To worship at St. Clement’s, Prague on any Sunday is always a great joy, with the possible exception of a few occasions in the depths of winter when coping with the cold can be a little difficult But our worship yesterday morning was particularly special for two reasons.
Firstly, my good friend and ministerial colleague, Rev’d Dr Karen Moritz, was our preacher. As I have explained in two previous blog posts, ‘Welcome to another Karen‘ and ‘Pentecost in Prague‘, Karen is an ordained minister of word and sacrament in the Presbyterian Church (USA), and since September 2010 has been a Mission Co-worker with the Ceskobratrská církve evangelické / Evangelical Church of Czech Brethren, (Lutheran – Presbyterian), working in the Ecumenical Department at their denominational headquarters. The CCE / ECCB, are the largest Protestant denomination in the Czech Republic and are also the owners of Kostel sv Kliment where we worship.
Karen is licensed under the Ecumenical Canons of the Church of England, to preach, help in the administration of Holy Communion and to lead non-Eucharistic worship. She is a much loved member of the St. Clement’s congregation and a great support to my ministry. As always, it was wonderful to be spiritually fed by her preaching, rather than to always be giving out myself. You can listen to her sermon from yesterday by following this link to our Church website.
The second reason that this morning’s worship was so special was because I conducted the baptism of an adult young man named Ata. Ata is an Iranian Christian who, because of his adoption of the Christian faith, has had to flee his home country and is currently seeking asylum here in the Czech Republic. He has been worshipping with us for several weeks, supported by two female friends, Darina (Czech) and Silvia (Slovak), both of whom also speak Farsi.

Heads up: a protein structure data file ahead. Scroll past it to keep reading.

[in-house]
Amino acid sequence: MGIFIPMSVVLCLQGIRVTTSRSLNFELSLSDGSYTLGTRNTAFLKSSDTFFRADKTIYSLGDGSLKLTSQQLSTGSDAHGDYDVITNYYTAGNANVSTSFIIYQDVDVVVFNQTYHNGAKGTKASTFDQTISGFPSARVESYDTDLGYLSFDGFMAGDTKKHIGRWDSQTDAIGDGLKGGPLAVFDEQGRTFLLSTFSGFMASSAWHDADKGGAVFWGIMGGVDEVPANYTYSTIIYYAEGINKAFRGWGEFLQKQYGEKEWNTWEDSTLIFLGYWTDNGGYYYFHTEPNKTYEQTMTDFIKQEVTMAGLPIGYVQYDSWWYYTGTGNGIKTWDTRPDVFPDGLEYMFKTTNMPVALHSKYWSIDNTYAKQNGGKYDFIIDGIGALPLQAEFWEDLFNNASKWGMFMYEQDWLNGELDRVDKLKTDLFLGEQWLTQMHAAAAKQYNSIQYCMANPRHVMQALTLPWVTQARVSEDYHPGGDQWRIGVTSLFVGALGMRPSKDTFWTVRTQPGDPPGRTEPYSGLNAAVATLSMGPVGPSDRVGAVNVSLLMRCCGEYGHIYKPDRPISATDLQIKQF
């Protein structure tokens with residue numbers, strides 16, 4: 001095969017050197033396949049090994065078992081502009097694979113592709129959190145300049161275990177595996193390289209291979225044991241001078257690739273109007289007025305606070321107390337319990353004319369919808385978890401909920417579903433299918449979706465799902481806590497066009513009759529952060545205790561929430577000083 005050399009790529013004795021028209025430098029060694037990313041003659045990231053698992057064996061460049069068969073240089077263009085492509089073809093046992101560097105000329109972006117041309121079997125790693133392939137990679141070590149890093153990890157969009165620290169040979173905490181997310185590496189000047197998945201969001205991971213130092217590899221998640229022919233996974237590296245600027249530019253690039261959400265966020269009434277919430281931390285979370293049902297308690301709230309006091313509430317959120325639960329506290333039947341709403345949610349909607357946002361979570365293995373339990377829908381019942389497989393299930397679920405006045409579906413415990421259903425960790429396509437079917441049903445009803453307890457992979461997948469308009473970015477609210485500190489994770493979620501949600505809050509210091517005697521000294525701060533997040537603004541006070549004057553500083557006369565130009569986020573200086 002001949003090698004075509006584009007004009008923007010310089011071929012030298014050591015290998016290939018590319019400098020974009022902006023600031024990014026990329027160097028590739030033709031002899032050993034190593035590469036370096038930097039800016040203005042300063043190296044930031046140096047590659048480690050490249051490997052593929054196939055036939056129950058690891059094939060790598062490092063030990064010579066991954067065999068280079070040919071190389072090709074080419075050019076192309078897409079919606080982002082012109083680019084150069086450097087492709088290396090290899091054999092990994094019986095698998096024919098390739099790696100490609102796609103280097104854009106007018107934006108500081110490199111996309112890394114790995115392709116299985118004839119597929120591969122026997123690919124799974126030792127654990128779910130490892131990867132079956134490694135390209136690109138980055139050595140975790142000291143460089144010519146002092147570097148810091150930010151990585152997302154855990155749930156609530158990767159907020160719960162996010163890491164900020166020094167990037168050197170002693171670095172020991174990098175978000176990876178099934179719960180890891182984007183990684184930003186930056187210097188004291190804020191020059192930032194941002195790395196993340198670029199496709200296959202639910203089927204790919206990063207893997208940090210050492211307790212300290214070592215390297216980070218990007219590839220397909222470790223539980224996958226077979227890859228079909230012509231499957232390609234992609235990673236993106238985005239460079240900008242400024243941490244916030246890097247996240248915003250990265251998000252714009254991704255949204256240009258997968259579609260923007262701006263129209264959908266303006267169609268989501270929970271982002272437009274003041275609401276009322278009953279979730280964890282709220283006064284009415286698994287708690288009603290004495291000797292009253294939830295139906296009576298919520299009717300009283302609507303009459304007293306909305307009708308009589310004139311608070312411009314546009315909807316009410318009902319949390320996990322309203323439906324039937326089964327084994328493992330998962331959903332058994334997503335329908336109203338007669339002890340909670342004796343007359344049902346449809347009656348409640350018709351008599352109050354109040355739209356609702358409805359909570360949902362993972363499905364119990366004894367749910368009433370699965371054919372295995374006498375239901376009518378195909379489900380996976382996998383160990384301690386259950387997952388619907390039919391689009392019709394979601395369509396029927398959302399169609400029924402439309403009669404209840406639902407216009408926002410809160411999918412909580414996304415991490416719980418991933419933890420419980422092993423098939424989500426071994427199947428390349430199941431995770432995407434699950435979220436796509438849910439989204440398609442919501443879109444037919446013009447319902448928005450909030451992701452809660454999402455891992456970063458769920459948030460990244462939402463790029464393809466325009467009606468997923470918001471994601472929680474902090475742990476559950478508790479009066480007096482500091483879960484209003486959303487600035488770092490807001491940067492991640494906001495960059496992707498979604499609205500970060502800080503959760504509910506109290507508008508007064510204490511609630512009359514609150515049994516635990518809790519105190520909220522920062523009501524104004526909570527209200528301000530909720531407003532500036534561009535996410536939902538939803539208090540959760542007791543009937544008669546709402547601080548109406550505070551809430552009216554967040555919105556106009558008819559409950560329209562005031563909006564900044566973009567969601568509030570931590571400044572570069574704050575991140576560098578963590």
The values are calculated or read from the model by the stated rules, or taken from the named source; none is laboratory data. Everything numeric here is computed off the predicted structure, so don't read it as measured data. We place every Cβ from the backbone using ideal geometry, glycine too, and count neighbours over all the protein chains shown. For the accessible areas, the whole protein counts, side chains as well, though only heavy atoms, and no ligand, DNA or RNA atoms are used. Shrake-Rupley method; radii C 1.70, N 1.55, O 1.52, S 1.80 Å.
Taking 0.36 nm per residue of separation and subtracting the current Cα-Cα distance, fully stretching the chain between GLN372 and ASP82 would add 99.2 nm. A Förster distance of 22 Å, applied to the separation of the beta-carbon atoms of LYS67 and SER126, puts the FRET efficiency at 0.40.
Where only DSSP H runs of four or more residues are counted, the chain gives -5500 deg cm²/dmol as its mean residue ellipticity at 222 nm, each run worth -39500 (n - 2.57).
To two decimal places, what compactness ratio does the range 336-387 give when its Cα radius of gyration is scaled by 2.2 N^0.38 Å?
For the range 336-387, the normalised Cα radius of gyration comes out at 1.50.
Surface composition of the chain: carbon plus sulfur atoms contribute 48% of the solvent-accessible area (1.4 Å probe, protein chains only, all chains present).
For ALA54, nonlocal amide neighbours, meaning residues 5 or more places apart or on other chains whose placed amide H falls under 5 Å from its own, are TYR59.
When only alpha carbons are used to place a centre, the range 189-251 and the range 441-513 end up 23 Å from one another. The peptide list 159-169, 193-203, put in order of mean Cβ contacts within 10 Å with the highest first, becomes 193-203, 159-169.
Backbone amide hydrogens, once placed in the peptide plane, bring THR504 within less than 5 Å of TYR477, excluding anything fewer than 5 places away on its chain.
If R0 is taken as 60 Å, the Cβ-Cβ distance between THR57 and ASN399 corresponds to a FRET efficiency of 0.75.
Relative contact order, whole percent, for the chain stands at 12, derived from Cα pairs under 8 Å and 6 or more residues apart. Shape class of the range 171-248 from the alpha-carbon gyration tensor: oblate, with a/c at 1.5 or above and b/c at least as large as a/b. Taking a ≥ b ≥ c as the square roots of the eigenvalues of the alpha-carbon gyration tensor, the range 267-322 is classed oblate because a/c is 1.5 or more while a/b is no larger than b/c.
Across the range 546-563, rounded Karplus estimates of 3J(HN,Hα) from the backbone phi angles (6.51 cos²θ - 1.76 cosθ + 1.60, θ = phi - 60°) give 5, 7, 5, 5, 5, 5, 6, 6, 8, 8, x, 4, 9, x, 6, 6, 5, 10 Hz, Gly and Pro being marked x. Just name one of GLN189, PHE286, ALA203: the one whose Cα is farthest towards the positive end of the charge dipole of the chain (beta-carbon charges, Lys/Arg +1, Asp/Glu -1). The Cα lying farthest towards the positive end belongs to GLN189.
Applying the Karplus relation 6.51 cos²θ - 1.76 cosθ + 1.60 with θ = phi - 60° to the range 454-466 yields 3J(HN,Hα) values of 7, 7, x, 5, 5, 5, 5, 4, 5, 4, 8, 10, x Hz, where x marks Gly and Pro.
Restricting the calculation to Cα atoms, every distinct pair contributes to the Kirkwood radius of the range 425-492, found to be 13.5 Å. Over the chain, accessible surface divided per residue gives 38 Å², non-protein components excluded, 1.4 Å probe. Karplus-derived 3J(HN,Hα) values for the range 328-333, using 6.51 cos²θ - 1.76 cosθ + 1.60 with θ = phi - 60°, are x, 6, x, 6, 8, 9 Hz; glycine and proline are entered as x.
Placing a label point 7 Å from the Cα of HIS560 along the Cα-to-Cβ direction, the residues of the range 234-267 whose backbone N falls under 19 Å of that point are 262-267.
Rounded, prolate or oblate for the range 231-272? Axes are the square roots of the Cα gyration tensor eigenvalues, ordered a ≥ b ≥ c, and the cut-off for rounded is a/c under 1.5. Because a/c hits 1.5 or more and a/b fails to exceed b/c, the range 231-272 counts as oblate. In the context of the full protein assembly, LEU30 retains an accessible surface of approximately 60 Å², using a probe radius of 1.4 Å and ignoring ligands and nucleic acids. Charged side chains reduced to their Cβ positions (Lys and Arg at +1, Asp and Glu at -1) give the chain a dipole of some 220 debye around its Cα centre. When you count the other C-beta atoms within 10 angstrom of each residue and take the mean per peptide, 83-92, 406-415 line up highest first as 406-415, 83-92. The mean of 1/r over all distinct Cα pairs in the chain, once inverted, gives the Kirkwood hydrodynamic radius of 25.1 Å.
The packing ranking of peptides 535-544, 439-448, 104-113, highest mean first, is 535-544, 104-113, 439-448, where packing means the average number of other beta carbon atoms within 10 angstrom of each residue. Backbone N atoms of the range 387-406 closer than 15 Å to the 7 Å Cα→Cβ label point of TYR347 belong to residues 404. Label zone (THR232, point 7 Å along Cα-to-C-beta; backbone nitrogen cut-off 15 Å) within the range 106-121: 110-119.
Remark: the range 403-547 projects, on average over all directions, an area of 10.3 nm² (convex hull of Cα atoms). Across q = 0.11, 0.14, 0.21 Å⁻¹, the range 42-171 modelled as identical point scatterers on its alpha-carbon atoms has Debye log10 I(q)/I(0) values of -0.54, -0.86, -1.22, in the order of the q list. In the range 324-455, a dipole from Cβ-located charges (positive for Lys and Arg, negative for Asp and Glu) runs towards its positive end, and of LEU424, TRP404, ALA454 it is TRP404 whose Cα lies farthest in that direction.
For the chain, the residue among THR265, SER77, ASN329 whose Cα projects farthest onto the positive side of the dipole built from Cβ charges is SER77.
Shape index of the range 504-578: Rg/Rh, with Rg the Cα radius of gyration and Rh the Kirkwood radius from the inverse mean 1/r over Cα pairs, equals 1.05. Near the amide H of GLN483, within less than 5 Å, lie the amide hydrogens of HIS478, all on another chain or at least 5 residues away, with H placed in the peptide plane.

It has been a privilege to spend time with Ata, preparing him for baptism, aided by Silvia who has translated into Farsi when Ata has had any problems in understanding my English. One of the many things that has impressed me about Ata, is the way he brings his Farsi New Testament with him to Church, so he can follow the Epistle and Gospel readings and improve his English at the same time. Ata also has a most engaging smile as you can see in the photograph at the beginning of this post.
It was very moving to hear Ata publicly declare his Christian faith before the multi-national St. Clement’s congregation yesterday morning – by my calculation we had at least twelve different nationalities present. Following his baptism and Ata receiving his baptism candle representing the light of Christ, the congregation burst out into a spontaneous and long round of applause. He also received many warm greetings at the Peace.
Ata and Silvia added one final nice touch to a very special Sunday morning, by bringing various Iranian specialities which they shared with us at Coffee Hour following the service. May Ata continue to ‘shine as a light in the world to the glory of God the Father’.